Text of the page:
Michael MacKay, Radio Lemberg, 18.05.2018
Ukraine has liberated the village of Pivdenne and the hamlet of Chyhyri from Russian invaders. Ukrainian citizens who languished in No-Man’s-Land under the guns of Putin’s army now live under the protection of the Armed Forces of Ukraine. With this action, the Joint Forces Operation (JFO) of the Armed Forces of Ukraine shows it means business. Underway for only half a month, the JFO has shown that it will indeed carry out its mission to free Ukraine, its land and its people, of invasion and occupation by Russia.
Pivdenne and Chyhyri are immediately to the north-west of the city of Horlivka, which is under Russian administrative control as a result of Russia’s invasion of Ukraine in 2014. They lie directly on the battlefront – the current farthest line of advance of the Russian armed forces into Ukraine. The inhabitants of Pivdenne and Chyhyri were in a precarious position, trapped with no safe way to pass to free Ukraine or to Russian-occupied Ukraine.
On May 8, the JFO began an operation to secure Pivdenne and Chyhyri from the threat by Russian armed forces. The JFO describes the engagement with the enemy as “an improvement in the tactical position of the defence of our troops in the Horlivka direction.” It was carried out by troops of the 24th Mechanized Brigade named for King Danylo of Halych. According to a statement from the JFO press service, the hope is that gaining ground in this sector of the battlefront will “provide security to the inhabitants of the settlement of Pivdenne (Chyhyri) and disrupt the enemy's insidious intentions.”
The threat from Russian terrorists to Ukrainian citizens in the village of Pivdenne and the hamlet of Chyhyri became intolerable starting in early April. Motorized rifle platoons of an illegal formation that is loyal to the Russian Federation arrived in Pivdenne twice a week to interrogate the loyalty of the villagers. Pivdenne is in the ‘grey zone’ and was wholly controlled neither by Ukrainian defenders nor by Russian invaders.
Reports from Ukrainian army reconnaissance units led to a plan for securing Pivdenne and Chyhyri. The uncontrolled village of Pivdenne was taken under complete control by the Ukrainian army, with no losses to Ukraine and two casualties to Russian forces: one killed in action and one wounded in action.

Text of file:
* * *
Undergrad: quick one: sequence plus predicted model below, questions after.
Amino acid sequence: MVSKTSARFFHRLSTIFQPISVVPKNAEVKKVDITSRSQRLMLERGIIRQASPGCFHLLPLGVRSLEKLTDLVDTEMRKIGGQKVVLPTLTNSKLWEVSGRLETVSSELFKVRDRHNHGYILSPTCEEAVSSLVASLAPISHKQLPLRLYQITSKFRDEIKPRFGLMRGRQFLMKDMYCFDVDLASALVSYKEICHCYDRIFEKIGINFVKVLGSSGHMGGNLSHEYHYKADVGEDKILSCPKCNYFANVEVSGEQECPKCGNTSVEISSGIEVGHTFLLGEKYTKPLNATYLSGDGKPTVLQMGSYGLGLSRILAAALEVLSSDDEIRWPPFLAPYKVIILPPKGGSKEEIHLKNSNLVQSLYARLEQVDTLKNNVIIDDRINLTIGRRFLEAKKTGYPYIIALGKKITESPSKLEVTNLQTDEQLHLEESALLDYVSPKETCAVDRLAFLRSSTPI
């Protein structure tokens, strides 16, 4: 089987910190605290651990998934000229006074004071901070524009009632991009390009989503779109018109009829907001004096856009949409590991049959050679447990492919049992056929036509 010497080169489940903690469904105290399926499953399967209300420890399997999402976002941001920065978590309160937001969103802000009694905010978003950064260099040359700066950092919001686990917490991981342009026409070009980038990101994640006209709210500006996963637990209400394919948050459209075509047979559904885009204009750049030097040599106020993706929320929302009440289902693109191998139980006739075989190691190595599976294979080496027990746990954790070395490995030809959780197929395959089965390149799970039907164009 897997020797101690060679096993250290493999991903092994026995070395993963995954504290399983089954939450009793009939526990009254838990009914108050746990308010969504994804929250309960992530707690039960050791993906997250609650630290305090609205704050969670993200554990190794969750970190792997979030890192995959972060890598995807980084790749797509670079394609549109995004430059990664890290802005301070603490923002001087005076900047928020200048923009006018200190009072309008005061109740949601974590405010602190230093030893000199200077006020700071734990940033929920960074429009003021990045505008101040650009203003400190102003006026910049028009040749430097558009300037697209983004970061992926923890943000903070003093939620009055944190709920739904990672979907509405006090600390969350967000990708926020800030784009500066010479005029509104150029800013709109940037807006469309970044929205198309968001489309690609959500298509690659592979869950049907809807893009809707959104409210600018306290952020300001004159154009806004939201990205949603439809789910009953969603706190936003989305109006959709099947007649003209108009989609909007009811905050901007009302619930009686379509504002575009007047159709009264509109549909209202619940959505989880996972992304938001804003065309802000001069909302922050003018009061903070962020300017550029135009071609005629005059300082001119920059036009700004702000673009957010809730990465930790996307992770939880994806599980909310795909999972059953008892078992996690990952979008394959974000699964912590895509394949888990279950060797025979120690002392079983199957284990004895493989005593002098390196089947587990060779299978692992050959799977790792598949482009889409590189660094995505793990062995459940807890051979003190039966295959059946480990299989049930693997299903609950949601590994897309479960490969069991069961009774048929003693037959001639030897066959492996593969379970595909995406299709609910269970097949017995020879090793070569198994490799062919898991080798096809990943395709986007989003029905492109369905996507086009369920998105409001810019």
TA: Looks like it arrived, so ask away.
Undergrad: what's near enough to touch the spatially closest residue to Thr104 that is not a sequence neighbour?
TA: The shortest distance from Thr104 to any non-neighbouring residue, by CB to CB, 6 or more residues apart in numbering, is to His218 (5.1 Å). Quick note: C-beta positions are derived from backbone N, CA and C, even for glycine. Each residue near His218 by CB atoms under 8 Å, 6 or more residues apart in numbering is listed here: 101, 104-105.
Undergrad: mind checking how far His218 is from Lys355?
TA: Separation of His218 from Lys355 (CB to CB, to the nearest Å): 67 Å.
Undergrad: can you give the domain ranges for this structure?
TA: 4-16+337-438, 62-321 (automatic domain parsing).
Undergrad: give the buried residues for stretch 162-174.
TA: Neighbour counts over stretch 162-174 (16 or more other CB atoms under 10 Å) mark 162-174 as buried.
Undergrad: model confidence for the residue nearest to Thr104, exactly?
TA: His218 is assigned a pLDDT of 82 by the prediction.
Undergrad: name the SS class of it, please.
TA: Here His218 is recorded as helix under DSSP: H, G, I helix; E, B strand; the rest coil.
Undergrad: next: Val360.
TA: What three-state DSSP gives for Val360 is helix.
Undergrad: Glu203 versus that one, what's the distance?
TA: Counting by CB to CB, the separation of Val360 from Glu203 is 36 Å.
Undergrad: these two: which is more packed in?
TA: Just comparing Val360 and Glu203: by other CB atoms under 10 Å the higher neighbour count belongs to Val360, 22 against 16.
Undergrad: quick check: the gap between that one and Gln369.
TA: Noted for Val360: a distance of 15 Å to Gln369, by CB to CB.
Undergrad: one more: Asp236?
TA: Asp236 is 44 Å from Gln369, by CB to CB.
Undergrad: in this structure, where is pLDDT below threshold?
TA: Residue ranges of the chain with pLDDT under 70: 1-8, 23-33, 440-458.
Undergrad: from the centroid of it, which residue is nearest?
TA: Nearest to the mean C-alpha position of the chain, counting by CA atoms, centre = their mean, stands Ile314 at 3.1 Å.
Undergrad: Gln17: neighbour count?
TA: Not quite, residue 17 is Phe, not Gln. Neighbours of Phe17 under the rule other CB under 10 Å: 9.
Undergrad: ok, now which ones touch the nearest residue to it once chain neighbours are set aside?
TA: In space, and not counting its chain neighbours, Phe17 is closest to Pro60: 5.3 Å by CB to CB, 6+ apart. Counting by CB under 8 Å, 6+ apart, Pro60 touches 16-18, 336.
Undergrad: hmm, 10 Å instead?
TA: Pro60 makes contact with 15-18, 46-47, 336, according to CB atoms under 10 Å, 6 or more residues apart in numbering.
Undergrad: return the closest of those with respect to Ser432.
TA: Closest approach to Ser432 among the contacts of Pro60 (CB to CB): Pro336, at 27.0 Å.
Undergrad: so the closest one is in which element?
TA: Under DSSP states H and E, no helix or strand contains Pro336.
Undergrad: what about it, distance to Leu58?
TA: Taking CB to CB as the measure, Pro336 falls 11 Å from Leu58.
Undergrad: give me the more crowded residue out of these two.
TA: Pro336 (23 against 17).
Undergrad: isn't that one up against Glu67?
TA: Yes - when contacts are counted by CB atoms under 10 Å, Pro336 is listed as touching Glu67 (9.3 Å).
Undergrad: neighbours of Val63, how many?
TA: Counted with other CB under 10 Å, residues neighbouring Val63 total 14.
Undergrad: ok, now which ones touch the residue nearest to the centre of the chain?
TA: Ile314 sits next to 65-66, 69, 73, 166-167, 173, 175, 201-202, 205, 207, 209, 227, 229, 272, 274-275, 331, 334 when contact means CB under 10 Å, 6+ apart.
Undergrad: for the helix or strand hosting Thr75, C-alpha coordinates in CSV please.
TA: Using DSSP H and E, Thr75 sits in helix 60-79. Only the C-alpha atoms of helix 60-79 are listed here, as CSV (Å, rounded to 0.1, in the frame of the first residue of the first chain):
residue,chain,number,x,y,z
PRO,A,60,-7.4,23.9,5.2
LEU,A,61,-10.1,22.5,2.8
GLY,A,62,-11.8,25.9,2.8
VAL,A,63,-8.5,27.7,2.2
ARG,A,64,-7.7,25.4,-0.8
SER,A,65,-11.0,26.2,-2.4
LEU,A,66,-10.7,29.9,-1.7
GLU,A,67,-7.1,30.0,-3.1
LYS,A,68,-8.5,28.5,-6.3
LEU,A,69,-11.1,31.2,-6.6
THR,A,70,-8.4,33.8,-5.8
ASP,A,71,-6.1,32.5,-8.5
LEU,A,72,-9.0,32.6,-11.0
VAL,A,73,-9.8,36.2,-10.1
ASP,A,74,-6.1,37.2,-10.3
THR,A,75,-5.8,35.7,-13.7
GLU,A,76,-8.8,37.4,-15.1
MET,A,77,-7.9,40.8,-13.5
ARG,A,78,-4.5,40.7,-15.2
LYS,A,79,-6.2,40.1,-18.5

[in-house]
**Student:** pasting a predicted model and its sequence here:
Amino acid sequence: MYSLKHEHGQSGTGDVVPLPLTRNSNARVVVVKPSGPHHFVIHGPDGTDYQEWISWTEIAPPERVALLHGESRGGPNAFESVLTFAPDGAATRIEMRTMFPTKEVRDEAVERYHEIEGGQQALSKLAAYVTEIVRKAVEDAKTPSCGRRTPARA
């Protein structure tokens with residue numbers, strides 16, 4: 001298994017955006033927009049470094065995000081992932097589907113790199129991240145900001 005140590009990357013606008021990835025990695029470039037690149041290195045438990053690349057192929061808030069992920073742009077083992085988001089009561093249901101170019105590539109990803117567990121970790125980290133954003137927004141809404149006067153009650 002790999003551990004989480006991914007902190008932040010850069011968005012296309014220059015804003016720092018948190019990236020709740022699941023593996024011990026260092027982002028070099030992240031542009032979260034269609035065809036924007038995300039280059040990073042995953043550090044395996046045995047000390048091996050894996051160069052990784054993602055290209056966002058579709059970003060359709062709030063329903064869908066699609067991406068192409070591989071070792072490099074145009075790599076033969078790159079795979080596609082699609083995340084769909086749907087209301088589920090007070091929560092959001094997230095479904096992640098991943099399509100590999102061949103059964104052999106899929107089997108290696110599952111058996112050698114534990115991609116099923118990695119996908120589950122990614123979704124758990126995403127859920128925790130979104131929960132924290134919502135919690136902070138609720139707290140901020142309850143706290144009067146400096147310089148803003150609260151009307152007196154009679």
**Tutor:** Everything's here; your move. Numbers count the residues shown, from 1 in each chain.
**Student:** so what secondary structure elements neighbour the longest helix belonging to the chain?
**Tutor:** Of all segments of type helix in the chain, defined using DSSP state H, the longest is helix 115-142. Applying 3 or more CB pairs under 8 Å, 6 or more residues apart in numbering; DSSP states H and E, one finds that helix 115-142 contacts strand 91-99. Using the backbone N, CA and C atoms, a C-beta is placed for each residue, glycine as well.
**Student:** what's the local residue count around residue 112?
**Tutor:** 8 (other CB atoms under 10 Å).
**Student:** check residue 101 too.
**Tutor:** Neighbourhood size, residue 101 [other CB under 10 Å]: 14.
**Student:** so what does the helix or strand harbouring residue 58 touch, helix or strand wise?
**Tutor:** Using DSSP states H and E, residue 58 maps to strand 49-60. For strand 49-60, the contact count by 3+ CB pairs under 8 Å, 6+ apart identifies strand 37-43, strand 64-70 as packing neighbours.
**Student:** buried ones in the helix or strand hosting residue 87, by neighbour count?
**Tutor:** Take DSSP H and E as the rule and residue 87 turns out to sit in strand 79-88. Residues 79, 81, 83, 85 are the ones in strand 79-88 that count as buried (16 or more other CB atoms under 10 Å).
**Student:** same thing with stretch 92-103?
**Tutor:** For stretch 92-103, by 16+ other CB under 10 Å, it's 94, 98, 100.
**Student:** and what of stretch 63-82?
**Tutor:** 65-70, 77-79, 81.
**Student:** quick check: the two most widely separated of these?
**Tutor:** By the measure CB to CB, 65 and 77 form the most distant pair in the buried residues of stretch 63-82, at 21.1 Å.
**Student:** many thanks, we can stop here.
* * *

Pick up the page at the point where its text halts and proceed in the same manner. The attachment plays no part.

Beginning on May 8, Russian forces counter-attacked. Entrenched and fortified Ukrainian troops suffered only one casualty in the period of Russian shelling from May 8 to May 17: one soldier was slightly wounded. The JFO reports that over the past ten days “the enemy is carrying out constant attempts of local assault to displace our units from the specified settlement [Pivdenne].” In response, the 24th Mechanized Brigade inflicted significant losses on the Russians, with at least 15 of the enemy killed and wounded.
On May 12 Russia’s terrorist group, the so-called “Donetsk People’s Republic,” released a video of one of its illegal armed formations climbing a slag heap of the Haharina coal mine that is to the north of Chyhyri and to the east of Pivdenne. The video showed that Chyhyri had been taken under the protection of the Ukrainian army, and that Russian armed formations were taking no action to contest Ukraine’s control.
Ukrainian liberators now control two heights of ground that had been used by the Russians to harass Ukrainian citizens: a slag heap of “Mine 41” to the north of Chyhyri and a slag heap of the “Shevelivka” mine that lies to the south-west of Chyhyri.
Ukraine has advanced to the city limits of occupied Horlivka. In this sector of the battlefront, Putin’s army has been pushed back by one and a half kilometres. The Russian invaders have not made a serious counter-attack and have ceded ground. The Joint Forces Operation of the Armed Forces of Ukraine now describes its activities in this sector of the battlefront as “consolidation.” Pivdenne and Chyhyri have been liberated.